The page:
Hydrolagus affinis

(De Brito Capello, 1868)

Smalleyed rabbitfish
Classification: Holocephali Chimaeriformes Chimaeridae

Reference of the original description
Capello, F. de Brito (1868)
Descripção de dois peixes novos provenientes dos mares de Portugal. Jornal de Sciências Mathemáticas, Physicas e Naturaes, Lisboa, 1(IV), 314–322

Image of the original description

Hydrolagus affinis (De Brito Capello, 1868)

Synonyms / new combinations and misspellings
Chimaera abbreviata, Chimaera affinis, Chimaera plumbea, Hydrolagus cf. affinis

Hydrolagus affinis

Chimaera abbreviata
Holotype: USNM: 33435;
Chimaera plumbea
Holotype: USNM: 20935

Description :

Citation: Hydrolagus affinis (De Brito Capello, 1868): In: Database of modern sharks, rays and chimaeras, www.shark-references.com, World Wide Web electronic publication, Version 05/2023

Please send your images of "Hydrolagus affinis" to info@shark-references.com

Hydrolagus affinis (De Brito Capello, 1868), © Alexei Orlov
Common names
spa Borrico, spa Quimera, spa Quimera ojo chico, fra \(T\) Chimère de profondeur, fra \(T\) Chimère de profondeurs, fra \(T\) Chimère à petits yeux, eng Atlantic chimaera, eng Deep-water chimaera, eng Deepwater chimaera, eng Smalleyed rabbitfish, eng Smalleyed rabbitfish fish, por Ratazana-da-fundura

Short Description
Field marks and Diagnostic Features after EBERT & STEHMANN, 2013 [17836]: Field Marks: A very large Hydrolagus with the oral and preopercular lateral lines sharing a short, common branch, first dorsal–fin spine not exceeding fin height, second dorsal–fin height relatively even along entire fin length, and a short (less than body length) tail filament. Colour a uniform dark brown to black. Diagnostic Features: Body very stout, tapering from large head to relatively short whiplike filamentous tail; caudal filament ends in a blunt tip, its length ranges from 17 to 89% of body length. Snout bluntly pointed. Eyes large, 16 to 25% head length. Lateral line canals on head appear as open grooves, canals on the snout characterized by wide dilations. Preopercular and oral canals share a short common branch from the infraorbital canal; in rare cases branching together from the infraorbital canal. Skin rubbery, not deciduous, usually remains mostly intact. Pectoral fins broadly triangular, reaching to pelvic–fin base when laid back. Pelvic fins squared along distal edge and rounded ventrally. Males with robust frontal tenaculum with smooth, curved dorsal surface bulbous rounded tip, denticles do not extend on dorsal surface. Pre-pelvic tenaculum with at least five large denticles along medial edge. Pelvic claspers stout with bulbous fleshy tips covered by a shagreen of denticles; divided for the distal one-third of their length, reaching just to distal edge of pelvic fin. Males without postanal pads, females with large postanal pads. First dorsal fin high and triangular, with short fin-base; fin preceded by a stout spine, smooth along its anterior edge with two rows of serrations along the posterior edge for the distal one-third to onehalf spine length; spine tip just reaches to origin of second dorsal fin when depressed. Second dorsal fin long, continuous to upper caudal–fin lobe, and relatively even (3 to 9% body length) in height along its length. Caudal–fin dorsal and ventral lobes are rounded and nearly even in height; dorsal lobe slightly taller (3 to 4% body length) than lower lobe (2 to 4%); insertion of ventral caudal lobe posterior to insertion of dorsal caudal lobe. Colour: uniformly dark brown to purplish black, pale along ventral edge of tail and around mouth. Pectoral and pelvic fins are evenly coloured, dark brown to purplish black. In some specimens the dorsal parts of the trunk and the base of the second dorsal fin may be slightly mottled.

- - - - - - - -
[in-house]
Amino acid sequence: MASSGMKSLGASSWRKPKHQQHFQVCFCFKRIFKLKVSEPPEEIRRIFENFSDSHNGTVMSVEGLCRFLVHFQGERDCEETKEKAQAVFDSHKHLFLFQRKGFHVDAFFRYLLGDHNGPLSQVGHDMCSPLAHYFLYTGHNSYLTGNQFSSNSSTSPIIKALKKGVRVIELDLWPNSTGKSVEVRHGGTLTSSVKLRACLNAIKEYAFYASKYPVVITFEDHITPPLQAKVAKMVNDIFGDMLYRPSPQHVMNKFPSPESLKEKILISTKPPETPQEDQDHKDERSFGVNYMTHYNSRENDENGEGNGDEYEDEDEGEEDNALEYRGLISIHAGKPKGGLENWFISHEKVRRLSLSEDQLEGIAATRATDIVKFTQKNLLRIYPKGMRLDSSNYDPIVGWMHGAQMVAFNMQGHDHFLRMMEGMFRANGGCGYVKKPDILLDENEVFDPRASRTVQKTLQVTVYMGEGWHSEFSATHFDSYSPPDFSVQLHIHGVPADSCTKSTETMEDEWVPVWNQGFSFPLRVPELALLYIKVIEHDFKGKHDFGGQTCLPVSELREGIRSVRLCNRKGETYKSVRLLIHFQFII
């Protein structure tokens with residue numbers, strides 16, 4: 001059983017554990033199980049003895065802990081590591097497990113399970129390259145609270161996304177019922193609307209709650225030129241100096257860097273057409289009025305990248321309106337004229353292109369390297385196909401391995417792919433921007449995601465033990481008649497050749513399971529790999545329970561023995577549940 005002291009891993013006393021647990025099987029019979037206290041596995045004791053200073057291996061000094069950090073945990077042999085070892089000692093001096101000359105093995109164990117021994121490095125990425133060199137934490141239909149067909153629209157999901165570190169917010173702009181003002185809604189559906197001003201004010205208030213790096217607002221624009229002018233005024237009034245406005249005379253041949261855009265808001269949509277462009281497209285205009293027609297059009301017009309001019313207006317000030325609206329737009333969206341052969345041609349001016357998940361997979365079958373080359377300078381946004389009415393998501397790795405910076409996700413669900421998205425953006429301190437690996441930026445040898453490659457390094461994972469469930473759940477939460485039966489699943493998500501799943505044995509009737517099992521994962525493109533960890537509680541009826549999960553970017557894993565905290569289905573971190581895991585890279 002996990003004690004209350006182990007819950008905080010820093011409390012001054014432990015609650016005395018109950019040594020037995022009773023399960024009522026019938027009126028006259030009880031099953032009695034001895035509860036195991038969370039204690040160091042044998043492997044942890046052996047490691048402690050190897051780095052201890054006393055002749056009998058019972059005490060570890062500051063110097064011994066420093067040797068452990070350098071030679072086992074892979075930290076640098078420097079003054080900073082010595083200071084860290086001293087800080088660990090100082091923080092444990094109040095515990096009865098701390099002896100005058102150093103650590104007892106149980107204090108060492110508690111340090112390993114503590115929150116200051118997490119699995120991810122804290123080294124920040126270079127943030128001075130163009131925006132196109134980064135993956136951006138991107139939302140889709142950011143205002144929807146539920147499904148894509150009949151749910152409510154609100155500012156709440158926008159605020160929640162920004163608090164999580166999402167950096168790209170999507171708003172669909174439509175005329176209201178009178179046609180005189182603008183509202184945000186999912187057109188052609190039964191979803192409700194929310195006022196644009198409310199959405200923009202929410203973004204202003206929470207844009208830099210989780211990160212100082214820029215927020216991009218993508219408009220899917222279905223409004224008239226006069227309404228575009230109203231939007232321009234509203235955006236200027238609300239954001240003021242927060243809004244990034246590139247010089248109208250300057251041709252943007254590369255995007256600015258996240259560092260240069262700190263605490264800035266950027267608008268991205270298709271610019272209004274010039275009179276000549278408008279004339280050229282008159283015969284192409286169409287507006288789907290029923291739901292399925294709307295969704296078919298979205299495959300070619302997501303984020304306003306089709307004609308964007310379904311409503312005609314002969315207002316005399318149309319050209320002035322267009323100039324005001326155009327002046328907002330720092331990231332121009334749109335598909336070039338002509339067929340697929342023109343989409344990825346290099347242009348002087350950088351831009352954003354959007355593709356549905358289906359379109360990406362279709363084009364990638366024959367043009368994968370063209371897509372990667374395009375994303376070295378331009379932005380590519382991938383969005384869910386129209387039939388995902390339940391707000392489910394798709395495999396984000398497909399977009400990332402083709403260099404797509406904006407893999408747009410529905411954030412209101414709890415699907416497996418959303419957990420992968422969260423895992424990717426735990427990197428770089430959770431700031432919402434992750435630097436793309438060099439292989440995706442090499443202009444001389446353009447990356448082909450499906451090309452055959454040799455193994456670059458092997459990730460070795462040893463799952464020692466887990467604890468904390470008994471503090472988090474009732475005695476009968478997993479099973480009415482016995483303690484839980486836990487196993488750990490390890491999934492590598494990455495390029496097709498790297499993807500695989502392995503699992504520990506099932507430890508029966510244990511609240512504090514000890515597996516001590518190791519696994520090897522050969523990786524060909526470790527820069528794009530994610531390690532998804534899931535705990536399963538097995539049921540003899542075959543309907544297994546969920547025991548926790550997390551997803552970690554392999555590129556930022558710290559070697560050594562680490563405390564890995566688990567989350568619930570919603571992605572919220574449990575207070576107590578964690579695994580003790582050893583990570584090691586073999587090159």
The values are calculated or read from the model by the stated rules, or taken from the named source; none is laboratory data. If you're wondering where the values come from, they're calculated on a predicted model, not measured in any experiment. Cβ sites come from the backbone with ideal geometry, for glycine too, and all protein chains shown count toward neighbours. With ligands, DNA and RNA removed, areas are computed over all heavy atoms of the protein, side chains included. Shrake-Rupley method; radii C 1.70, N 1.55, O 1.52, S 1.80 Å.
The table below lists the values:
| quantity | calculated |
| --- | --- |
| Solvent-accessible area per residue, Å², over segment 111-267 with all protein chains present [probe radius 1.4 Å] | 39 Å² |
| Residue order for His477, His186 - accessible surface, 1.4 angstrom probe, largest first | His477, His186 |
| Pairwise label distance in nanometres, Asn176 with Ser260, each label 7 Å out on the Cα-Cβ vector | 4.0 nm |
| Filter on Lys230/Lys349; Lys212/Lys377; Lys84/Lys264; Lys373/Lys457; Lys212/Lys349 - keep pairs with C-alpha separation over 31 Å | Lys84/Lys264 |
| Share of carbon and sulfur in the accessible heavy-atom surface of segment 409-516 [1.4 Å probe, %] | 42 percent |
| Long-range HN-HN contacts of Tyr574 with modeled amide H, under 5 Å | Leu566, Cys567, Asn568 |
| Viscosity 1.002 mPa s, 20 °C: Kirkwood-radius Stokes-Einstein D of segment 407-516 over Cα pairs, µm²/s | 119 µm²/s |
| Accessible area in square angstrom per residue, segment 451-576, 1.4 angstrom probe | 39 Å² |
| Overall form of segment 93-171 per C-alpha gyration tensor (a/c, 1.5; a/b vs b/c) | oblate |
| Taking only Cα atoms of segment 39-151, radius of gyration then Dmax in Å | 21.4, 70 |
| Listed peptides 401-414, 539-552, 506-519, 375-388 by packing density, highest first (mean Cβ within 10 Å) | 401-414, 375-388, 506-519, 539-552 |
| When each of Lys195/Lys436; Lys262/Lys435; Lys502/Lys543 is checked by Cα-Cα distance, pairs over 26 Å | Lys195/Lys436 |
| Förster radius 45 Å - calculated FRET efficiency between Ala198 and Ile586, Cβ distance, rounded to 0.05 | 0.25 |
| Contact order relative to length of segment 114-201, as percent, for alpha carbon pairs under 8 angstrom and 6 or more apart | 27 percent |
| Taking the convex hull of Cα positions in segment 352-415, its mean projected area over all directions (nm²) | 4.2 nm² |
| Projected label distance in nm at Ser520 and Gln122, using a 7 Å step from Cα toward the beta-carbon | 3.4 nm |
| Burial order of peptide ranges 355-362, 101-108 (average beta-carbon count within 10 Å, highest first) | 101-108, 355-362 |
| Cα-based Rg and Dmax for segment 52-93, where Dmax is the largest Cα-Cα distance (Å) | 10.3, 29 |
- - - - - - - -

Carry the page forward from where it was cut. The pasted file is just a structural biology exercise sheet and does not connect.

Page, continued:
Northeast Atlantic: Rockall Trough along Ireland, northern Bay of Biscay and off Portugal. Reported from Iceland [20065]. Southwest Atlantic: Uruguay [5839]. Northwest Atlantic: Newfoundland in Canada to Cape Cod in USA. Probably has a much wider distribution. Possibly occurring off the Cape in South Africa and off Mozambique [20053]. Source: www.gbif.org

Human uses
fisheries: of no interest

Oviparous [17086]. Found on continental slopes and down to deep-sea plains. Feeds on small fishes and invertebrates [3598].

Size / Weight / Age
Maximum TL 147 cm (96 cm body length); maximum female TL at least 125 cm, total body length 86 cm; male total length uncertain, but largest total body length 88.5 cm. Minimum size at maturity is attained at 66 cm body length (males) and at 68.5 cm body length (female). Size at birth uncertain, but the smallest free-swimming individual was 32 cm total length (14 cm body length) [17836]

bathydemersal; marine; depth range 300 m to at least 2410 m depth, but is most common below 1000 m [17836]

shark-references Species-ID=3068;

Parasites (arranged by Jürgen Pollerspöck)
  • Gyrocotyle abyssicola Van Der Land & Templeman, 1968 [16971]
  • Gyrocotyle major Van Der Land & Templeman, 1968 [16971]

  • Metanisakis tricupola (Gibson, 1973) [17029]